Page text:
Thankfully, there are items and power-ups to collect, but don’t get too excited. Each upgrade is purchasable in the hub town and requires golden credit chits to unlock. Each chit is acquired by painstakingly assembling them out of four smaller chits found in the wild (think heart containers in Zelda). Even with a diligent eye, you won’t find enough to get every upgrade you want.
Upgrades run the gamut from the boring but undeniably useful (extra health pack storage in your inventory) to heavily skill-based tools that you need to hone before seeing a benefit. Chain-dashing is a privilege, not a right. Even after you unlock it, you’ll want to practice the exact timing necessary to string together multiple dashes if you want to get the most out of it. The bullet-reflecting sword upgrade is handy, but you still need to be on point with your timing if you don’t want to eat them yourself.
This is an old-school game. Dying several times in a row won’t unlock a Chicken Hat or easy mode option. If you’re stuck against a boss (likely to happen, since the bosses are waking nightmares), don’t bother waiting on a miracle to come, or for some secret technique or new item to allow you to turn the tables and suddenly make it a cakewalk. No. In Hyper Light Drifter, you have to eat your fucking broccoli and ask for seconds. You have to pile on the muscle, learn the patterns, and take your lumps. As it was, so it is.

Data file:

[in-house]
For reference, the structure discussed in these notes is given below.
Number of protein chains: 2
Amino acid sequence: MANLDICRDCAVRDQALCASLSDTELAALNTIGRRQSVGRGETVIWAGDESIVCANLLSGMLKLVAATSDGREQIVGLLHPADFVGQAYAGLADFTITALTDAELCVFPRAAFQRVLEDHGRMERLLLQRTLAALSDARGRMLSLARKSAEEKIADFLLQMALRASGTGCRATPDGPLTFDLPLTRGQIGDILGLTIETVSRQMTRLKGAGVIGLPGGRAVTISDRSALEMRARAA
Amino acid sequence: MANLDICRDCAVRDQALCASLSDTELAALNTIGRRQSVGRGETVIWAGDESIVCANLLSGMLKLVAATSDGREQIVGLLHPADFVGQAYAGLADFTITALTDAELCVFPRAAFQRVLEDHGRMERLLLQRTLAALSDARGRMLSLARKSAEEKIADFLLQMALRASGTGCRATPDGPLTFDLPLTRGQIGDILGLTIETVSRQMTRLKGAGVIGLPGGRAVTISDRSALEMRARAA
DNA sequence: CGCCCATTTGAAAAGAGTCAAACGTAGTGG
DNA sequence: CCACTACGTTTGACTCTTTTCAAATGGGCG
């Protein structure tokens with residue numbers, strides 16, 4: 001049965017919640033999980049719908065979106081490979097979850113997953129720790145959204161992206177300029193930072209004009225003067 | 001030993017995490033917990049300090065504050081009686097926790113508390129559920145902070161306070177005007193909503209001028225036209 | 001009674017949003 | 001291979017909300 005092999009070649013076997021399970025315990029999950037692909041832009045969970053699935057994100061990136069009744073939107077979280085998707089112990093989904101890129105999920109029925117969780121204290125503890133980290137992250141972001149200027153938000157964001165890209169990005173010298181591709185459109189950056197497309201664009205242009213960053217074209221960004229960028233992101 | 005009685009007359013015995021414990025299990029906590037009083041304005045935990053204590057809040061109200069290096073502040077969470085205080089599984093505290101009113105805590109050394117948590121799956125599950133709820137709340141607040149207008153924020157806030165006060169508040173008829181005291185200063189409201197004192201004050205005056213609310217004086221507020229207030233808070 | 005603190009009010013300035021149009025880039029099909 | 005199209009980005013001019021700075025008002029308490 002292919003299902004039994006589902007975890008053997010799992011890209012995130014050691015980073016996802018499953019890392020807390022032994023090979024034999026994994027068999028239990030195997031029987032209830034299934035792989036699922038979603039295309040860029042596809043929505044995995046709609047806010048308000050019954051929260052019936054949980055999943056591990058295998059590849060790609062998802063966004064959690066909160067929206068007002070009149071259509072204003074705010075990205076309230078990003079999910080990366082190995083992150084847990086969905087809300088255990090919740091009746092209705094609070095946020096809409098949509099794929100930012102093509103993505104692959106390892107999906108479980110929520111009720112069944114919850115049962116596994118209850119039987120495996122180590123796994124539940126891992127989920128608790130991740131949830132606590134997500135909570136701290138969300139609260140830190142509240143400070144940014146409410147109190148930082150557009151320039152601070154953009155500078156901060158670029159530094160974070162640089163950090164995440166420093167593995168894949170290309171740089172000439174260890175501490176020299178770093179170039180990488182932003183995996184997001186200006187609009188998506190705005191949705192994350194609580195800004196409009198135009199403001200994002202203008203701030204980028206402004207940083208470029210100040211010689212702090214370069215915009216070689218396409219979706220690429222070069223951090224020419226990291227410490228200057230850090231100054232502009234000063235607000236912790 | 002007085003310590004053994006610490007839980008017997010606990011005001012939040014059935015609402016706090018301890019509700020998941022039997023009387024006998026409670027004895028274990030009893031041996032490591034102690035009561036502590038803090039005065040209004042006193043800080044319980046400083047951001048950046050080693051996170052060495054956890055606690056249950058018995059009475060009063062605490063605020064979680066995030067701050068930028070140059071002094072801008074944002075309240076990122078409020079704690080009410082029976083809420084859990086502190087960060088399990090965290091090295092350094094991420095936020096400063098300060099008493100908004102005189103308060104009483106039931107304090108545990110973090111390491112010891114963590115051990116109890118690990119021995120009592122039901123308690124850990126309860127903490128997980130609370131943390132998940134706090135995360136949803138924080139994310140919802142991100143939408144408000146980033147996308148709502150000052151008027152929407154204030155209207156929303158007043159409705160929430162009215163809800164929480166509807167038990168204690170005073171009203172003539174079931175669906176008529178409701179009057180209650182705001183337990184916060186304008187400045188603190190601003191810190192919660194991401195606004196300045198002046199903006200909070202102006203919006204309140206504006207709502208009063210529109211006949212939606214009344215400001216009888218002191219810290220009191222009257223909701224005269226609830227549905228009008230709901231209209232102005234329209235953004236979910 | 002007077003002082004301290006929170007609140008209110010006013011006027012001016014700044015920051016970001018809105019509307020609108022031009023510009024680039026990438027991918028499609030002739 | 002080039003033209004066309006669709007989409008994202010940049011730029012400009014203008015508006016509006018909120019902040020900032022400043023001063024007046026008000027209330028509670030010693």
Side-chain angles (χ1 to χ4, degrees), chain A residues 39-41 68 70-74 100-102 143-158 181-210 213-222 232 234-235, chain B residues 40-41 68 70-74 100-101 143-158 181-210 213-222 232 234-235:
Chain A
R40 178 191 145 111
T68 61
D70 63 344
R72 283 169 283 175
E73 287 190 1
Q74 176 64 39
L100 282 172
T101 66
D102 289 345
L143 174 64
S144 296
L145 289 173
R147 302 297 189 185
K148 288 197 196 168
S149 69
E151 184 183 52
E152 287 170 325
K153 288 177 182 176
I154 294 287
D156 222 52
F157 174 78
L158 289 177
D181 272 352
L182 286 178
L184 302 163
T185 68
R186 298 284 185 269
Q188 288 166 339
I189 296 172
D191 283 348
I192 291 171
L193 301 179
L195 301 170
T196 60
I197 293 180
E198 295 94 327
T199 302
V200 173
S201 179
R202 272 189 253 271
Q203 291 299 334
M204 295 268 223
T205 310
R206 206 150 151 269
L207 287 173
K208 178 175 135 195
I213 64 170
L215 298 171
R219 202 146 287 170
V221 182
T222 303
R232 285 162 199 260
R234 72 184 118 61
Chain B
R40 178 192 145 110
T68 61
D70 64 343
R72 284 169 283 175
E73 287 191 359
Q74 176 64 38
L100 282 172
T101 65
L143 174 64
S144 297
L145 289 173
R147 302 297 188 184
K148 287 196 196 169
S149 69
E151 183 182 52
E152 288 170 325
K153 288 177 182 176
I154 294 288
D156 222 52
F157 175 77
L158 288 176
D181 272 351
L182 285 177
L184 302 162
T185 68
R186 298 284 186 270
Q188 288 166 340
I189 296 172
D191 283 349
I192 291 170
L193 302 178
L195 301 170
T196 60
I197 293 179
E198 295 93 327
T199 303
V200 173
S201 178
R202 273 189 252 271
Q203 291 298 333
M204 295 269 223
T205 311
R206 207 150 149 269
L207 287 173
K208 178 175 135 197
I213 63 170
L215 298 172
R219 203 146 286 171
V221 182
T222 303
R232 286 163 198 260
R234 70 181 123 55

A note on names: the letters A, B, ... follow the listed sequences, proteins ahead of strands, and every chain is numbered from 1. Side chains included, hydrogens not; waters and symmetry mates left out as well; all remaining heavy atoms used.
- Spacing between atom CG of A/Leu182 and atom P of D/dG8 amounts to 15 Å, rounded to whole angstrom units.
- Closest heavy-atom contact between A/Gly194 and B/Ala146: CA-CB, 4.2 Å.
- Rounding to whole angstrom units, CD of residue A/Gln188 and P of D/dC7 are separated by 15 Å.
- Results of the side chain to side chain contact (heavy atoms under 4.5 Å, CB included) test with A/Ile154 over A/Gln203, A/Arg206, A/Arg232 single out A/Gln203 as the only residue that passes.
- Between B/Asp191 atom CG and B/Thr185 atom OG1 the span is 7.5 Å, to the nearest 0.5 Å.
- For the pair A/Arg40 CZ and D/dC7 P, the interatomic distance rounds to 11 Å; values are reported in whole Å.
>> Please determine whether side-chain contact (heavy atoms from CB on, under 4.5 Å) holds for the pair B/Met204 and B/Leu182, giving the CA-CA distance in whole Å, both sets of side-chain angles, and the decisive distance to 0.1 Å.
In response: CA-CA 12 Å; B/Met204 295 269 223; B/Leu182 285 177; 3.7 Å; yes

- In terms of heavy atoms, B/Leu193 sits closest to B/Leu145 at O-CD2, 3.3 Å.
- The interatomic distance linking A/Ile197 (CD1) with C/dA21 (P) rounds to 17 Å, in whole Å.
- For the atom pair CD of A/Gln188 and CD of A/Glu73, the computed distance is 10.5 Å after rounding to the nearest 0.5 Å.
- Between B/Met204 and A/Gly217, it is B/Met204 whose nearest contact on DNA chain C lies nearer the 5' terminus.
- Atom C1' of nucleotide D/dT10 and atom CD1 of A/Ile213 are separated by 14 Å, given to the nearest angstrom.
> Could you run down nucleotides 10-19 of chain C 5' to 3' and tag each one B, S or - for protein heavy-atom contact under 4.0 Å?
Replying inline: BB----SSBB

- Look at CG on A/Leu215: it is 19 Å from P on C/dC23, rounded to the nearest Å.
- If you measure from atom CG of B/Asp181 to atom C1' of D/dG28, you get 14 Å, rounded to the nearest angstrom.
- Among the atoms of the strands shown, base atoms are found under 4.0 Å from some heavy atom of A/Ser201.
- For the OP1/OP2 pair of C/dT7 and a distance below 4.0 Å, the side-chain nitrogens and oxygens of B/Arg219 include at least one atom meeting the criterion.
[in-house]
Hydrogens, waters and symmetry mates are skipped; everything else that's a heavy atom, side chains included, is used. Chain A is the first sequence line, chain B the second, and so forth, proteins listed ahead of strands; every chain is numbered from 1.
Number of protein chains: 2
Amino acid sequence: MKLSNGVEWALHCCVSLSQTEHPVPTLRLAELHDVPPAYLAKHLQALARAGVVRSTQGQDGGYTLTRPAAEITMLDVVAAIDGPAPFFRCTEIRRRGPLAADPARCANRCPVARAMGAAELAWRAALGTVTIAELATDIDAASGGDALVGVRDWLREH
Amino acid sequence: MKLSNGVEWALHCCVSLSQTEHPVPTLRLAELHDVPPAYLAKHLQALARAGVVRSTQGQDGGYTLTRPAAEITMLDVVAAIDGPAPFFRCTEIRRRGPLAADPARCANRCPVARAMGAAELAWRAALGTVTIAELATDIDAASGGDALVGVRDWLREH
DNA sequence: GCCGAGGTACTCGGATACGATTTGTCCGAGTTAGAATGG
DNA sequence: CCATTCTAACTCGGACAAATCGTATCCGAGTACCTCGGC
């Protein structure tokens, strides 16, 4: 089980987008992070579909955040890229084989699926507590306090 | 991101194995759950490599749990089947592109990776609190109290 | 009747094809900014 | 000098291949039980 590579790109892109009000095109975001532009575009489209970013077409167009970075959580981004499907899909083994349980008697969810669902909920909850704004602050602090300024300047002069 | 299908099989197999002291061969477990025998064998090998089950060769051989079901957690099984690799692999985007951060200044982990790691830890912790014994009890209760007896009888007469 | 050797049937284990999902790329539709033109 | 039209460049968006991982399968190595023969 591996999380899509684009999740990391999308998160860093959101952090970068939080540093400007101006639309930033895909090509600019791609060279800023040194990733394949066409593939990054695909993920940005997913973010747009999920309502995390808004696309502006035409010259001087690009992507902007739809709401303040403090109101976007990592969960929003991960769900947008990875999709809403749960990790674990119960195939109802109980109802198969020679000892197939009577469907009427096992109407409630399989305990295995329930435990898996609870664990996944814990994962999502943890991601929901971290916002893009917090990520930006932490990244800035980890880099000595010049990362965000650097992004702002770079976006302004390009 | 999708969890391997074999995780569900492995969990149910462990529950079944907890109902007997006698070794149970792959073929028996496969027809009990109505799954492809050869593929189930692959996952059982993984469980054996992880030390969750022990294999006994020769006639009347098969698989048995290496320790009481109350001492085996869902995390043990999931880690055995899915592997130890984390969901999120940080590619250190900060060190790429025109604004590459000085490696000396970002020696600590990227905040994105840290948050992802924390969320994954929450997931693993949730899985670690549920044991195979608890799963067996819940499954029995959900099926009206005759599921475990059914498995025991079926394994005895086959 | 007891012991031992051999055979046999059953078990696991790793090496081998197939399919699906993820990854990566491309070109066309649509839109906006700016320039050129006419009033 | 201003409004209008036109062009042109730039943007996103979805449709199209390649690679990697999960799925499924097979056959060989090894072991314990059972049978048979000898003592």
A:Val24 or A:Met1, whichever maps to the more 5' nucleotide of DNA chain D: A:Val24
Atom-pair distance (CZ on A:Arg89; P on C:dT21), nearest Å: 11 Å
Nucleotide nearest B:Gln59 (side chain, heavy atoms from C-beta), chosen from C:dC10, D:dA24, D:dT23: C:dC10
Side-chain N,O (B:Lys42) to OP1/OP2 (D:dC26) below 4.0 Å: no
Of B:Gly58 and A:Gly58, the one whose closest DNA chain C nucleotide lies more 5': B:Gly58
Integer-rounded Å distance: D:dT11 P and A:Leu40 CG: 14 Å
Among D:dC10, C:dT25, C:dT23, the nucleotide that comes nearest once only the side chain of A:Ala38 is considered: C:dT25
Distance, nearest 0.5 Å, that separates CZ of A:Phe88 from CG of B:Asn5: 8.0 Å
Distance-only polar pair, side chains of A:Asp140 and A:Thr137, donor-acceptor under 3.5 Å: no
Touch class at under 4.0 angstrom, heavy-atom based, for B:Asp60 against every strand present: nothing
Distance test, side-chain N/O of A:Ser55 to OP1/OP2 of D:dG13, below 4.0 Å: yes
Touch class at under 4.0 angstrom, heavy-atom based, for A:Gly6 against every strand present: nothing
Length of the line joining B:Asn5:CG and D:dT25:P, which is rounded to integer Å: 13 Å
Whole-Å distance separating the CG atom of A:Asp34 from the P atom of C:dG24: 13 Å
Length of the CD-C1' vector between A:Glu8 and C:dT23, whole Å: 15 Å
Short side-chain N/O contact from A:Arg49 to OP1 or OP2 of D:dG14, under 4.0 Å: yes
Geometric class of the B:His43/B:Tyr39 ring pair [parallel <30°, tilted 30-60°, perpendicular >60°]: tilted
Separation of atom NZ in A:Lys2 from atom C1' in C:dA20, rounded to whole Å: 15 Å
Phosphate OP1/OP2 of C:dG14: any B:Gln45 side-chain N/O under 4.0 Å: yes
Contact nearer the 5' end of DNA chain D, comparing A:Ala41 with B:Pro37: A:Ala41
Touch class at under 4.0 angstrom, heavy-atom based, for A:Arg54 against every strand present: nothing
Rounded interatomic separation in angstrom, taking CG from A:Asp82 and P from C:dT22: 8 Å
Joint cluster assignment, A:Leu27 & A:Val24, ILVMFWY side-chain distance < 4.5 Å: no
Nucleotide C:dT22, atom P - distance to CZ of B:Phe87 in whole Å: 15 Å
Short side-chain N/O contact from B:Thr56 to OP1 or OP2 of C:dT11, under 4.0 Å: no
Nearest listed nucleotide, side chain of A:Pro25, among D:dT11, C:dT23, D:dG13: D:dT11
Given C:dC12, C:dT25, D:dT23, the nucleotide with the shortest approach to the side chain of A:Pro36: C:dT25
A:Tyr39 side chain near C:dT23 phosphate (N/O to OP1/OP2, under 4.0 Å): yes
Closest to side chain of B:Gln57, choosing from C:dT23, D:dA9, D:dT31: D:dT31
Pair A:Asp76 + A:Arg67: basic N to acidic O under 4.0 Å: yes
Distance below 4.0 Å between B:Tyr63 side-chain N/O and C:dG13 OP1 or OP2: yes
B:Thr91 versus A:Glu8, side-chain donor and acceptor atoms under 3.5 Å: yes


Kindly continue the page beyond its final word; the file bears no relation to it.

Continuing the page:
The sternness of the game and its refusal to compromise on its difficulty may be a stumbling block to some. Even the great beast Dark Souls, sitting on its throne of defeated players and broken controllers, often gave players an out: a way to cheese the hardest sections — slinging arrows from an unreachable nook, iron skin and lightning weapons, a hornet ring and single lucky parry to take down the end boss. If there is any cheese in Hyper Light Drifter, I didn’t find it.
There are people who will find that prospect thrilling. There are people who won’t. I’m expecting Hyper Light Drifter to be a divisive game. There are going to be people who mark the lack of a coherent story in favor of mood and atmosphere as a cop-out. There are going to be people who sign up for the eyeball-pleasing visuals who get stuck at the first boss they meet and grow to resent the game. There are even going to be those annoying people who insist it’s too easy and they were disappointed.
But that’s not me. Mood and atmosphere can carry me a long way, and I adored every second I spent in Hyper Light Drifter‘s world. The combat and movement often left me slack-jawed and giddy, a perfect homage to the ’90s RPGs that obviously inspired Heart Machine, while still feeling completely fresh and constantly surprising.
I don’t need all the answers if the questions are interesting enough. And if Hyper Light Drifter is anything, it’s interesting.
[This review is based on a retail build of the game provided by the publisher.]